By: Stephen Waguespack
No matter what they seem to do in Baton Rouge, the deficit in the budget of state government won’t go away.
A legislative session was dedicated to raising taxes in 2015. In that session, new taxes on employers dominated the agenda. Increased taxes for business inventory, energy costs, research, and operating losses were imposed. Despite this new revenue, the deficit remained.
A second session focused on new taxes was held in February of this year. Massive sales tax increases for business and individuals were raised in that session. Energy taxes were increased on employers yet again, along with new taxes on machinery and equipment, operating losses, and the vendor compensation program. The state’s franchise tax was extended to smaller businesses (ignoring the advice of economists who recommend repealing it altogether) and the repeal of federal income tax deductibility was placed on the fall ballot for companies (though it remains for individuals). Tobacco and alcohol taxes were increased. When it was all said and done, that session raised over $4 billion in new taxes to be collected over the next five years. All the while, the deficit still remained.
This month, the Legislature returned for its third session dedicated to new taxes in the last year. They raised roughly $260 million in new taxes, primarily from a new HMO license tax, new limitations on industrial inventory tax credits and the repeal of interest owed to businesses when the state holds onto taxpayers refunds for too long. Over the next few months, we will likely learn more about what was in those bills and what fiscal impact they actually will have on Louisianans. Regardless of that final analysis, the deficit will still remain.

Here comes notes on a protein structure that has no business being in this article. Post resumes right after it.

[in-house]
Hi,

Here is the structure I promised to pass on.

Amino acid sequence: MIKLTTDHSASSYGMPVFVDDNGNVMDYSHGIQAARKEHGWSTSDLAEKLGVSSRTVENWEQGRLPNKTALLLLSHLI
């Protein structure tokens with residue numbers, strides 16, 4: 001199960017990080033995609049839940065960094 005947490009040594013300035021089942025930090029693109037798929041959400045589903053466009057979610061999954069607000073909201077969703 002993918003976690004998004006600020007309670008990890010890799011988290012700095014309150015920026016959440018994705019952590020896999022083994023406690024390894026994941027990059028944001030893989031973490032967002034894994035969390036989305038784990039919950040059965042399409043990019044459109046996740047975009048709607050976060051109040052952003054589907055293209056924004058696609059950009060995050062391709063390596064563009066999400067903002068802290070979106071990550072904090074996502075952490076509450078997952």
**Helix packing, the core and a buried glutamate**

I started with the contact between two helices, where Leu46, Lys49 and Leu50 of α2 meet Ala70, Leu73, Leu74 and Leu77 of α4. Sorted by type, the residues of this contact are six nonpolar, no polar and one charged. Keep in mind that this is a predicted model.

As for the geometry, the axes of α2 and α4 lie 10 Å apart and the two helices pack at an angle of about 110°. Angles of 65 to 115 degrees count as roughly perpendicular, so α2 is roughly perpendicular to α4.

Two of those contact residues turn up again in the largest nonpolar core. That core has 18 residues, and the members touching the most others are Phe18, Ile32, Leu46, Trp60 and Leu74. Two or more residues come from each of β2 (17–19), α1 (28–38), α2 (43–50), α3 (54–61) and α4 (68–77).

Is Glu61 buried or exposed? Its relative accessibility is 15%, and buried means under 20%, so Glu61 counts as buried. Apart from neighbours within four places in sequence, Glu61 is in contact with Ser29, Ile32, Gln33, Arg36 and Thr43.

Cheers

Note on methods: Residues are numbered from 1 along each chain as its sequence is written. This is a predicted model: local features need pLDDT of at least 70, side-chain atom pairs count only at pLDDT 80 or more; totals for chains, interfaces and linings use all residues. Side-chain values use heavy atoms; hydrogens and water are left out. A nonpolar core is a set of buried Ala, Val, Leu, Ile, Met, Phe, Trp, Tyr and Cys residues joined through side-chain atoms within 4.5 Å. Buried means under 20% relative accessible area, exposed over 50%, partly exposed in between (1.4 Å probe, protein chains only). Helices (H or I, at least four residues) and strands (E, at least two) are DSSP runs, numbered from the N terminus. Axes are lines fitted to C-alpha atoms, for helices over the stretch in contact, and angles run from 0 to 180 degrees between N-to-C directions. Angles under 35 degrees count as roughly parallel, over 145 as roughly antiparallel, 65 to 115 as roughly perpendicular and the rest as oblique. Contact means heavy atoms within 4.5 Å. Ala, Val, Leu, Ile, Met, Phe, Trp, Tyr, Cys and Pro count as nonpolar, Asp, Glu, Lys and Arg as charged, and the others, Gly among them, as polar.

The state budget that just passed is over $2 billion larger than last year’s budget. Even if you don’t count the massive increased reliance on federal money in this year’s budget, there are still more state dollars to spend this year compared to last year’s budget. All the while, the deficit remains.
Most reforms to modernize the overly complex and limited structure of Louisiana’s budget have been watered down or killed. Statutory dedications that restrict the state’s ability to invest in key priorities have not been reformed. Neither have the pension programs that become more uncompetitive and expensive by the year. The subsidies to local government that flow throughout our state budget have not been right-sized, and in fact, they have increased. The funding for the Department of Health and Hospitals is over 25 percent higher than last year. All the while, the deficit remains.
New taxes are passed time and time again, yet the deficit never goes away. How can that be? Whether we like it or not, we just can’t afford the size of government many of our elected officials want unless they are also willing to reform it. The size and scope of our government spending is larger than Louisiana’s economy can sustain…and it has been that way for years.
Fact: Our economy is shrinking while our state budget is growing.
At the beginning of the year, the state had lost roughly 12,000 jobs over the previous year. A few months ago, the number was closer to 15,000 lost jobs over the previous 12 months. As of this week, the number is 19,600 Louisiana people that have lost their job in the last year. And the trend is getting worse. Seven of eleven economic sectors are losing ground in Louisiana, with manufacturing down 8,100 jobs and the oil and gas sector alone dropping 18 percent.
Louisiana’s jobs deficit is growing yet our government deficits never seem to shrink. We must start funding a reformed government that is proportional to our economy rather than over-taxing our economy to fund an unreformed government that we just cannot afford.
The Legislature has now gone home and the sessions have finally ended.
When they next return (whether in a third special session this fall or a regularly scheduled fiscal session next spring), our leaders must embrace a different approach to solving our recurring problem. You can’t kill a government deficit with a tax-heavy approach that ignores or dismisses the fiscal realities outside the Capitol building.
Reduce government spending. Reform the structure of the state’s budget. Make our tax code simple, flat and fair to all. That is the plan to finally kill that government deficit AND help reverse the trend on our jobs deficit – a plan that has yet to be embraced by the politicians in Baton Rouge.